I drive between the US and Canada all the time. I always have to stop my car, at least for a few seconds, both ways. And I've even got a Nexus card.

I haven't driven to Mexico for quite some time, but I remember having to stop the car there also.

So is there some new problem with cars not stopping? Or are they talking more about commercial truck traffic, which is generally pre-cleared?

I rush to agree with Slarti on the issue of the name. When it was announced, I said, "Oh, great! Now we can go back to calling the DoD the War Department."

You only distinguish 'homeland' defense from anything else if you're an empire. (And you only start to pretend that your permanent war economy is all about 'defense' when that empire gets reeeeally big; hence the timing of the 'War Dept.-->Dept of Defense' change.)

Everyone already has to stop, going both ways. The requirement to have and show a passport to travel to Canada (and, mainly, back in) is going into effect in 2007, is it not?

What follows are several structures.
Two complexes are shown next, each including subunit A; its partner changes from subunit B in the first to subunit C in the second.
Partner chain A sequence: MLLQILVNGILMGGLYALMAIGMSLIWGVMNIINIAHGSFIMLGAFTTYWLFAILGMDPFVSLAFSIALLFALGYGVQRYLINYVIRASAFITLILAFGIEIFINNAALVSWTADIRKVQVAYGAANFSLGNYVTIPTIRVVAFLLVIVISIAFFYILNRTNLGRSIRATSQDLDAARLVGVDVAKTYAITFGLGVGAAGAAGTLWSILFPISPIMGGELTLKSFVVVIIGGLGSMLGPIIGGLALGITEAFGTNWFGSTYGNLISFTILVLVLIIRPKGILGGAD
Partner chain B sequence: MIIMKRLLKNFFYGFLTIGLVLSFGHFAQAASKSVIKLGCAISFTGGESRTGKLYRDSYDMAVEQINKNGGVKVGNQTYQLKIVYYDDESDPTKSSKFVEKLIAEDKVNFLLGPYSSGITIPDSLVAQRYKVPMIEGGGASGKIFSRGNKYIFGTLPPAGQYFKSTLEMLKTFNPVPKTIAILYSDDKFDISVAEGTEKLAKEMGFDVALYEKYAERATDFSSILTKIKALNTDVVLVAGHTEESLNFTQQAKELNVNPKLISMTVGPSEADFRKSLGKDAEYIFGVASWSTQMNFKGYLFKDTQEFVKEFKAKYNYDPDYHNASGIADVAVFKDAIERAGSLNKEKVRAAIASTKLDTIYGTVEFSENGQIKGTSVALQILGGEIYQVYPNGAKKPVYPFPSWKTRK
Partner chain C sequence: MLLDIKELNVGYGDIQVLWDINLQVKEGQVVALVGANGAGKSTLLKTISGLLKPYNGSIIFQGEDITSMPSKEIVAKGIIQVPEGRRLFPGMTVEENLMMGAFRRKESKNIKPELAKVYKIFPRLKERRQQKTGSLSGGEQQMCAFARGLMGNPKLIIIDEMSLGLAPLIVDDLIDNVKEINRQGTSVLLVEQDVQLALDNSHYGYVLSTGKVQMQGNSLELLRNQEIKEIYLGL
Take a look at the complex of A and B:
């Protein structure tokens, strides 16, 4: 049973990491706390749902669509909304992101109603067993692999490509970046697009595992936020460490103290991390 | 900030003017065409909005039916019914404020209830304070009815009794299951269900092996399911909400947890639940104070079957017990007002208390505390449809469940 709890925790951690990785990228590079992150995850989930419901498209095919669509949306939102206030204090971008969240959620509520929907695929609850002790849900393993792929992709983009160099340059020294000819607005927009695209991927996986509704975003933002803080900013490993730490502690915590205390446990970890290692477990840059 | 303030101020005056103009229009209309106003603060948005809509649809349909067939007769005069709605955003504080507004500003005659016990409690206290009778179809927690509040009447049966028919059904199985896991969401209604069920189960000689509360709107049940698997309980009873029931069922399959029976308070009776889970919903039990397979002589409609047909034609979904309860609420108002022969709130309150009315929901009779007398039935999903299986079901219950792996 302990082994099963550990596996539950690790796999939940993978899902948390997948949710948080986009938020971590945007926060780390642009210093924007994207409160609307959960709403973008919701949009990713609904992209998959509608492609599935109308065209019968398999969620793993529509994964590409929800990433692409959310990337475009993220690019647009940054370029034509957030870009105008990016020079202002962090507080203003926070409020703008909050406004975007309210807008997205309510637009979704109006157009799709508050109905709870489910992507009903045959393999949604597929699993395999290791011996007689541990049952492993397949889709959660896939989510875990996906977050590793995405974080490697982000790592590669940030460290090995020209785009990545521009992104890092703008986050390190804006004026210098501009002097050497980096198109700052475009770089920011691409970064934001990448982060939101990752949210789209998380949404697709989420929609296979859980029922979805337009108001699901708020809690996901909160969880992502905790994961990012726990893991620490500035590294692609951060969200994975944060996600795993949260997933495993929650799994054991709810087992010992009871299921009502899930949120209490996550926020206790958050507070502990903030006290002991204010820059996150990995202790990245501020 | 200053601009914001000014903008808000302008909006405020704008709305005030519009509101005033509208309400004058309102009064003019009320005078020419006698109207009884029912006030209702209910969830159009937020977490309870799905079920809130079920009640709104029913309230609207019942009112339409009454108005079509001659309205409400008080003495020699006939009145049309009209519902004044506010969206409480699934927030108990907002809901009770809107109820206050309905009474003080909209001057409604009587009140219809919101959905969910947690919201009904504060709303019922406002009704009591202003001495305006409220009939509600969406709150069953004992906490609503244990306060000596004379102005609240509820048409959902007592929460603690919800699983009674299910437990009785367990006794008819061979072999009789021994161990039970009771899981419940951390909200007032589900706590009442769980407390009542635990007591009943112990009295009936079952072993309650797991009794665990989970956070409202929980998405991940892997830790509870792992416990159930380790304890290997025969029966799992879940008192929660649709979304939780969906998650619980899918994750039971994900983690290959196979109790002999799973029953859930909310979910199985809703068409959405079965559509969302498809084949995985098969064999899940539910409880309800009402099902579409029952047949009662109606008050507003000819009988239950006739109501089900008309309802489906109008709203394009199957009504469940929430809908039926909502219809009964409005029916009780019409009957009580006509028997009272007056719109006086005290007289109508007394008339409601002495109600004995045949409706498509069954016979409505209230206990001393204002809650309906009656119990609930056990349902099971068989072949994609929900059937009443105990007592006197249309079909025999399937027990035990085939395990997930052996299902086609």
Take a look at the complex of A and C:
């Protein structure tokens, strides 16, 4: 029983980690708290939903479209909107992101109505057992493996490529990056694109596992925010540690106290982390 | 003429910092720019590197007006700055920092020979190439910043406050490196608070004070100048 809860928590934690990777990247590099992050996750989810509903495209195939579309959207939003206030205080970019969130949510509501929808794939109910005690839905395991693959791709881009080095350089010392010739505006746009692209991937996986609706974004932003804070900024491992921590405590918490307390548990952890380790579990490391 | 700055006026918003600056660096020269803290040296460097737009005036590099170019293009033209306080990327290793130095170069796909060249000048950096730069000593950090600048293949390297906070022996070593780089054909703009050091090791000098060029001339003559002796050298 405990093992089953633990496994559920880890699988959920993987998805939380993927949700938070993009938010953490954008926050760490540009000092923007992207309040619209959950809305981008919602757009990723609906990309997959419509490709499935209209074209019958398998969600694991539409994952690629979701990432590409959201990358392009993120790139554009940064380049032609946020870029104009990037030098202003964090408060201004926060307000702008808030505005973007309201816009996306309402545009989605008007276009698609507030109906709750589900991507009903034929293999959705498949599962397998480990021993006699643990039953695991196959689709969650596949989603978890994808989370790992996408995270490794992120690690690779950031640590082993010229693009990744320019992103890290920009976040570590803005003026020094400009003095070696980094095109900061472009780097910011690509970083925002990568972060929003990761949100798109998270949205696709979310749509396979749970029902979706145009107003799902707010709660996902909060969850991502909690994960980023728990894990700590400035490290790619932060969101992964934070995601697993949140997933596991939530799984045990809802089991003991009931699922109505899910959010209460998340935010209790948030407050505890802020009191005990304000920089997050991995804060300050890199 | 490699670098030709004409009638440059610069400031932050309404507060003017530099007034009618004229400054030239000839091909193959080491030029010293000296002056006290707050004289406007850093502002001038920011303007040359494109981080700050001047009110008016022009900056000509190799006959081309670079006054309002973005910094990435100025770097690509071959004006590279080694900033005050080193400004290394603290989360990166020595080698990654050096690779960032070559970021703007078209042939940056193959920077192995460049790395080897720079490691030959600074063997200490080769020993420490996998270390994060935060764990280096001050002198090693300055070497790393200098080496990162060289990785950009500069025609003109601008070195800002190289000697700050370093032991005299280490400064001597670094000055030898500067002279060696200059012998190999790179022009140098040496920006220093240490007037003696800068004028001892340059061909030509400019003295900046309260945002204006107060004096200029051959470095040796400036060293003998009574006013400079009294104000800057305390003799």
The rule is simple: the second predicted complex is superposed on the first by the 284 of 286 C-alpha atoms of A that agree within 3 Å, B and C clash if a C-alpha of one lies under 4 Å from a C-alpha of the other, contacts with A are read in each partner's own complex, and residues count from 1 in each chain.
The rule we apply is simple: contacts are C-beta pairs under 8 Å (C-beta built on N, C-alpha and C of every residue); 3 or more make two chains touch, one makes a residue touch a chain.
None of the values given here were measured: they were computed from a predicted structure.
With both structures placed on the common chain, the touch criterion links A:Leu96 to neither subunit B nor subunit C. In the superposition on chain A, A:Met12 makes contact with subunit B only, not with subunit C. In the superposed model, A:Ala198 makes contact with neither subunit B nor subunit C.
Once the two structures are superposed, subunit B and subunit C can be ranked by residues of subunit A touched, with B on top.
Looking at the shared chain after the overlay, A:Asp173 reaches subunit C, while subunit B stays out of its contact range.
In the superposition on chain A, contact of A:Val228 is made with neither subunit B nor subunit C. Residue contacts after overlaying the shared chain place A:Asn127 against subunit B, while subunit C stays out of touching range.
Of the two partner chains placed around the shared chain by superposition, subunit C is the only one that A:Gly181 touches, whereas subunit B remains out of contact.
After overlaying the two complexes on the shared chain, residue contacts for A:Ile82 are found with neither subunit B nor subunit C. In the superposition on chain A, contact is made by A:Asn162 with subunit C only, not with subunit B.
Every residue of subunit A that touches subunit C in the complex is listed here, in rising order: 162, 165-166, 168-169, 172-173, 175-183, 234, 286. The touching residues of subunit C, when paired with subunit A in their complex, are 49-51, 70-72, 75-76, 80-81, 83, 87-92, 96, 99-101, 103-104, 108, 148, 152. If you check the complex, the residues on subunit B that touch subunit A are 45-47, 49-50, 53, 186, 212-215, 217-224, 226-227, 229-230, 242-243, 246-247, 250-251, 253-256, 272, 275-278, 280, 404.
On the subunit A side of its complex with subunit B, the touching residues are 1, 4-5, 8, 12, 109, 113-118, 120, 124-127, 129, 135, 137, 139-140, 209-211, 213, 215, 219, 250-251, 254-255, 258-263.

I'm all for finding out who got these inherently ridiculous contracts, but this seems like only a drop in the "security" boondoggle ocean.

When you go to Canada, you have to pass through only Canadian customs, as far as I know. I don't think the US has any infrastructure whatsoever in place to check people who are leaving the country.

Nell: the CBC's website has an informative backgrounder on the new border regulations for travelling to and from Canada. Regarding passports:

By Jan. 23, 2007, Canadians who are flying into the United States will have to use their passports. The U.S. estimates that 90 per cent of people flying in from Canada already show the passports. At land border crossings, Canadians will have to start using passports or a special ID card by June 2009.

Americans face the same rules. If they travel to Canada, they will be required to show secure ID on their return to the United States — either a passport or the ID card that's still to be designed.

Even more fun, courtesy NPR: Border Fence Firm Snared for Hiring Illegal Workers.

Heh.

MattBastard,

Like no one saw that coming...

The fence is yet another thing that I've always regarded as a monumentally bad idea. Or a monument to bad ideas.